Ah, the holidays. Wonderful meals with family and friends, gift giving, office parties, and New Year’s resolutions. All too often it’s the wonderful meals part that leads to the New Year’s resolutions. With employers placing more and more emphasis on wellness programs, now seems like a good time to offer tips for healthy eating—and suggestions for workplace weight loss.
Weight is gaining on us
Try as we might, and like it or not, most everyone is going to gain weight as we age. Medical Daily reports that we lose as much as 3–5 percent of muscle mass per decade past age 30. Since muscles burn more calories and keep the body lean, the more muscle mass we lose, the more weight we gain.
For business professional and office workers this is compounded by the fact that we do a great deal of sitting in our careers. Calories that had been converted into energy when we were younger are now converted into fat. The Washington Post noted that on average adults gain one to two pounds a year until age 50. For those who start working at 25, that represents a weight gain of 25–50 pounds by mid-career.
Chronic conditions associated with weight gain include diabetes, heart disease, and high blood pressure among others. Not surprisingly, employer health care costs tend to be higher the more their employees need treatment for these conditions.
Weight loss in the workplace: What employers can do
Per the Centers for Disease Control and Prevention (CDC), losing just 5 to 10 percent of total body weight is likely to produce improvements in blood pressure, cholesterol, and sugars, and help prevent diabetes. So, how can employers develop weight loss programs that are effective and sustainable?
Organizations such as the CDC, World Health Organization, and Wellness Council of America offer recommendations. The Harvard School of Public Health recaps three of the most effective:
- Adding food and fitness to workplace wellness programs. Focus on nutrition and physical activity behaviors. Use educational, behavioral counseling, or environmental change strategies. Offer weight-management programs, health screenings, or health risk assessments. Take an integrated approach addressing occupational health and safety as well as health promotion.
- Giving incentives for healthy behavior. Incentives could be financial, time off, employee recognition, or medical plan enhancements, such as coverage for weight loss challenge programs and lower co-pays and premiums. Amount of weight gained or lost should not be used as a basis for incentives or penalties.
- Creating a healthy food environment. Provide healthy food and beverages in cafeterias and vending machines. Limit access to sugar-sweetened beverages. Adopt healthy food policies for meetings.
The Harvard Business Review reports that a similar program for the local transportation authority in Austin resulted in an ROI of nearly $2.50 for every dollar spent. For other ideas, check out Practical Guidance for Implementing Weight Control Programs in the Workplace from the Northeast Business Group on Health (NEBGH).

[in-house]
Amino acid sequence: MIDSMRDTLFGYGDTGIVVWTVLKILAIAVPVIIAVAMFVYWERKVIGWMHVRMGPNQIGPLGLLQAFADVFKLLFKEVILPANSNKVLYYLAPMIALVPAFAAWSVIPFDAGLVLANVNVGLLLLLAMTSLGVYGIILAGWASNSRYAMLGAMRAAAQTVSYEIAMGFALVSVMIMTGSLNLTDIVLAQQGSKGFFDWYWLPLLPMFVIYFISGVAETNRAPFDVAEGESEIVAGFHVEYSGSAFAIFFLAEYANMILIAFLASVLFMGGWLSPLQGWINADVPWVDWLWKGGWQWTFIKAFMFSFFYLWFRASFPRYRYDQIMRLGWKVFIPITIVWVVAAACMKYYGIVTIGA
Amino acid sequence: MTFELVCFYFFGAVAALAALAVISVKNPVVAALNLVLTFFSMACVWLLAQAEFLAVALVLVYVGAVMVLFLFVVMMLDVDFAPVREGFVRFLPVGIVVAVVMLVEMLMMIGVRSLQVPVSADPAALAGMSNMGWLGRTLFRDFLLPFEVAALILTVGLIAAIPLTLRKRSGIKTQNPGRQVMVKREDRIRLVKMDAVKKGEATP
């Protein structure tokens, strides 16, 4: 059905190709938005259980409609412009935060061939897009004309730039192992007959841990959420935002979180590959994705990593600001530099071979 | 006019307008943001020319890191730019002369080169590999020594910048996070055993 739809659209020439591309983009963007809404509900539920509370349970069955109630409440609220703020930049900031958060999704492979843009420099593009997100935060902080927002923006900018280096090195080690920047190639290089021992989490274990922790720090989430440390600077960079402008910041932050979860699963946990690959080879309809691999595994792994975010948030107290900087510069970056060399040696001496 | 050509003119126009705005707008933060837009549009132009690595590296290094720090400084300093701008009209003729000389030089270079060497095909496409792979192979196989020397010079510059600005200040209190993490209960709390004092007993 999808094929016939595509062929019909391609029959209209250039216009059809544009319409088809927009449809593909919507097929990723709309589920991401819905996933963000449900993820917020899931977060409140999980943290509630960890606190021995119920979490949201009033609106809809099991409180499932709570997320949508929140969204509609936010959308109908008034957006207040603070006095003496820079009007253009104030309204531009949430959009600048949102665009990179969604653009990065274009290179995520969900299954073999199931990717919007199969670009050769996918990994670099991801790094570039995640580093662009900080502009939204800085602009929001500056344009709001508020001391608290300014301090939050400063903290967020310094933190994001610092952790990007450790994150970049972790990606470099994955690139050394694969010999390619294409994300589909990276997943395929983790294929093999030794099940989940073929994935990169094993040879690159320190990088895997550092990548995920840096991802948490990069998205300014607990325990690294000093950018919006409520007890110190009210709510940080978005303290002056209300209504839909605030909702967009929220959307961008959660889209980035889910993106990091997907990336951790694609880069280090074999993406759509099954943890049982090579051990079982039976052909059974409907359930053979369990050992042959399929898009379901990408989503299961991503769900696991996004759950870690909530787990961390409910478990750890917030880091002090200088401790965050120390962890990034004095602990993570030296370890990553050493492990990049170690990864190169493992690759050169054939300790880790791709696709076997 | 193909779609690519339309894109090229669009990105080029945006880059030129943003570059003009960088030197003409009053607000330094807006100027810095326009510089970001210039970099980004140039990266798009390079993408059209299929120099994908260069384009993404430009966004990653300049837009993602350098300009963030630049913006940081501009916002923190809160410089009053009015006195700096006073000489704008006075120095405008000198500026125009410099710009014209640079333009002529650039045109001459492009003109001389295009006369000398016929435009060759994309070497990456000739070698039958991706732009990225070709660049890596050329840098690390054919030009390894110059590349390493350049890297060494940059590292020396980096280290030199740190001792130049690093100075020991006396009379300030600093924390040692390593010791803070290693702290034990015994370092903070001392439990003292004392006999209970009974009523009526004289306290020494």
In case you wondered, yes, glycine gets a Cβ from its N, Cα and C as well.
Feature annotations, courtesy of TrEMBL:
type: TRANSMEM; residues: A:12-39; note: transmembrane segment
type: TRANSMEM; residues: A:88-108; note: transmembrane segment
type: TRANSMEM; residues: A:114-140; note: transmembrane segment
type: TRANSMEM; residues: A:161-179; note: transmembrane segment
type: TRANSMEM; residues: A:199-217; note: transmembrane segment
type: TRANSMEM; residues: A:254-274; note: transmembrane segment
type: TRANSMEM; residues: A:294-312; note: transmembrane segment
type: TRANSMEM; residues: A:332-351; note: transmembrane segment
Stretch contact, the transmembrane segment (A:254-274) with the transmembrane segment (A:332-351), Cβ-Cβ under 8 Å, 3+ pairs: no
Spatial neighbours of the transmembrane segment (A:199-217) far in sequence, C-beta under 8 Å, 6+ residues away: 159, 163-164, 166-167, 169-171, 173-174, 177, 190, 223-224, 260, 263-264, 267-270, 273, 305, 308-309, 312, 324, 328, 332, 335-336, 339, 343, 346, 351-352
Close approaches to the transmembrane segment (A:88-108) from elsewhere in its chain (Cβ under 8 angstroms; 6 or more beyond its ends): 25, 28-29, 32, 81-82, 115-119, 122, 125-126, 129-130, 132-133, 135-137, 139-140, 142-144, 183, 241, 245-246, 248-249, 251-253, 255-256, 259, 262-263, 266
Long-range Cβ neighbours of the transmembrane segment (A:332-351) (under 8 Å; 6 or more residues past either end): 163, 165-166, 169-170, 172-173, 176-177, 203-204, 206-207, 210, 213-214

Three case studies
A 2016 report from the NEBGH featured three case studies where employers embarked on weight loss programs for employees.
- Montefiore Medical Center. Since 2012, more than 800 employees have seen a registered dietitian and attended group classes that promoted healthy lifestyle skills. New York-based Montefiore also provides access to group-based lifestyle weight-loss programs such as the YMCA Diabetes Prevention Program. Sixty percent of participants in this program recently lost more than five percent of their body weight.
- Aetna. Metabolic syndrome (MetS) is a cluster of conditions—high blood pressure, high blood sugar, excess body fat around the waist, and abnormal cholesterol—associated with being overweight. Employees with MetS have lower workplace productivity and 1.6 times annual health costs. Through a virtual coaching program, 75 percent of participants lost an average of 10 pounds after one year, with improvement in triglycerides and HDLs. Participants also generated savings of $122 per participant per month in health care costs.
- Public Service Enterprise Group. This New Jersey-based utility company’s employees are 85 percent male and work in a highly technical environment. Seventy-three percent of them are overweight or obese and more likely to have safety issues or file a workers compensation claim. A one-year program focused on weight loss and habit formation. Ninety-two employees lost over 800 pounds collectively.
What Kaiser Permanente is doing to help foster weight loss
Through its Healthwise Knowledgebase, Kaiser Permanente (formerly Group Health) provides information on such topics as weight-loss surgery, health problems associated being overweight, weight-management guidelines, and more.
In addition to discounts to NutriSystem and Jenny Craig, we have discounts to four other weight-loss programs. Two in particular would be of interest to your employees. Power Up is a 16-week healthy-living and weight-loss program for women. And Man Up is an online weight-loss program designed for guys. Information on each can be found at www.globalfit.com/kpwa.
Kaiser Permanente also offers free workshops on Living Well with Chronic Conditions. These six-week workshops are offered in person or online, and are often conducted by people suffering from chronic conditions themselves. Participants learn how to manage their conditions and improve their quality of life.